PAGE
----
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Effect of different walking break strategies on superficial femoral artery endothelial function

Carter, Sophie ORCID: https://orcid.org/0000-0003-2815-7360, Draijer, Richard, Holder, Sophie M., Brown, Louise, Thijssen, Dick H. J. and Hopkins, Nicola D. (2019) Effect of different walking break strategies on superficial femoral artery endothelial function. Physiological Reports.

Carter(2019) Effect of different walking break strategies on superficialfemoral artery endothelial function.pdf - Published Version
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reaking up prolonged sitting with physical activity (PA) breaks prevents conduit artery dysfunction. However, the optimal break strategy to achieve this, in terms of the frequency or duration of PA, is not known. This study assessed the effect of breaking up sitting with different PA break strategies on lower limb peripheral artery endothelial function. Fifteen participants (10 male, 35.8 ± 10.2 years, BMI: 25.5 ± 3.2 kg m−2) completed, on separate days, three 4‐h conditions in a randomized order: (1) uninterrupted sitting (SIT), (2) sitting with 2‐min light‐intensity walking breaks every 30 min (2WALK), or (3) sitting with 8‐min light‐intensity walking breaks every 2 h (8WALK). At baseline and 4 h, superficial femoral artery function (flow‐mediated dilation; FMD), blood flow, and shear rate (SR) were assessed using Doppler ultrasound. For each condition, the change in outcome variables was calculated and data were statistically analyzed using a linear mixed model. There was no significant main effect for the change in FMD (P = 0.564). A significant main effect was observed for the change in blood flow (P = 0.022), with post hoc analysis revealing a greater reduction during SIT (−42.7 ± 14.2 mL·min) compared to 8WALK (0.45 ± 17.7 mL·min; P = 0.012). There were no significant main effects for mean, antegrade, or retrograde SR (P > 0.05). Superficial femoral artery blood flow, but not FMD, was reduced following uninterrupted sitting. This decline in blood flow was prevented with longer duration, less frequent walking breaks rather than shorter, more frequent breaks suggesting the dose (duration and frequency) of PA may influence the prevention of sitting‐induced decreases in blood flow.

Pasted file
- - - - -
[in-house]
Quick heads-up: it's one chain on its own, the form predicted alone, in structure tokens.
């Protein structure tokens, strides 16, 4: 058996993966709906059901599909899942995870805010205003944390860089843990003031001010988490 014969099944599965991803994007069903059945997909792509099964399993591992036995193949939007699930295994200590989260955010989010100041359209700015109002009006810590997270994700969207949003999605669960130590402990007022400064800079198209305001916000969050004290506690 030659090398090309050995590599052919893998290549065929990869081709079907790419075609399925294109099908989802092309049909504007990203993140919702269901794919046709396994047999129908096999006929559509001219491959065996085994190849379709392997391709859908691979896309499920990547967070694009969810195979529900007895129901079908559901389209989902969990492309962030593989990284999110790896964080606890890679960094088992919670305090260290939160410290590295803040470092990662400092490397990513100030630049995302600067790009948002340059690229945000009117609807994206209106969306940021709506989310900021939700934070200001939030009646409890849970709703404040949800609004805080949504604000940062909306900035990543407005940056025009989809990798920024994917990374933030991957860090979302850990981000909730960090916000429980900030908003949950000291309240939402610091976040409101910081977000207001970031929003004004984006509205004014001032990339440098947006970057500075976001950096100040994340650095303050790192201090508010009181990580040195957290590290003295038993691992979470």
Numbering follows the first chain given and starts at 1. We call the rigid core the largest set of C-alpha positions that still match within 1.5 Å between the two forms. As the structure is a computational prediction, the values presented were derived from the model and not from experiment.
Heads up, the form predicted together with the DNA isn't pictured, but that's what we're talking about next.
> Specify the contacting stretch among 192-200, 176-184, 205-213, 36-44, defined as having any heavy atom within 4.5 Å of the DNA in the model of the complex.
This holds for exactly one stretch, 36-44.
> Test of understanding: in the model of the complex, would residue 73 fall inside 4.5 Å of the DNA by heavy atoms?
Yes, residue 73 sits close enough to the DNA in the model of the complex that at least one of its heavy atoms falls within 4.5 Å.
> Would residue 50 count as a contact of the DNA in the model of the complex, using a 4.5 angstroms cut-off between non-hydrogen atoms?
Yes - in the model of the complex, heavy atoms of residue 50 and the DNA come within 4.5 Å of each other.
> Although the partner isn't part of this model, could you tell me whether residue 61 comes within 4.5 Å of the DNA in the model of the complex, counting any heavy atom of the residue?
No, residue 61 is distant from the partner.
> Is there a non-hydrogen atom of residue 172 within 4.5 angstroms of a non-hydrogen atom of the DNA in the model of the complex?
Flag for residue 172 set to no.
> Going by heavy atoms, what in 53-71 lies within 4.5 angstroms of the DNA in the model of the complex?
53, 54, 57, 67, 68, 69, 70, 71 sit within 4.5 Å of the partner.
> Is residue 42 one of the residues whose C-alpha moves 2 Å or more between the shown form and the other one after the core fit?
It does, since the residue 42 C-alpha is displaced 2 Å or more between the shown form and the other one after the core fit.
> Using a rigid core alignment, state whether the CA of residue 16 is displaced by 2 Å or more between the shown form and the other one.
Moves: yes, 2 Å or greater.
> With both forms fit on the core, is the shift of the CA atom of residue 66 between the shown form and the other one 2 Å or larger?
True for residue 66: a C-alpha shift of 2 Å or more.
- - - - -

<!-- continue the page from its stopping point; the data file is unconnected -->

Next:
Item Type: Article
Status: Published
DOI: https://doi.org/10.14814/phy2.14190
Subjects: Q Science > QP Physiology
School/Department: School of Science, Technology and Health
URI: https://ray.yorksj.ac.uk/id/eprint/4030

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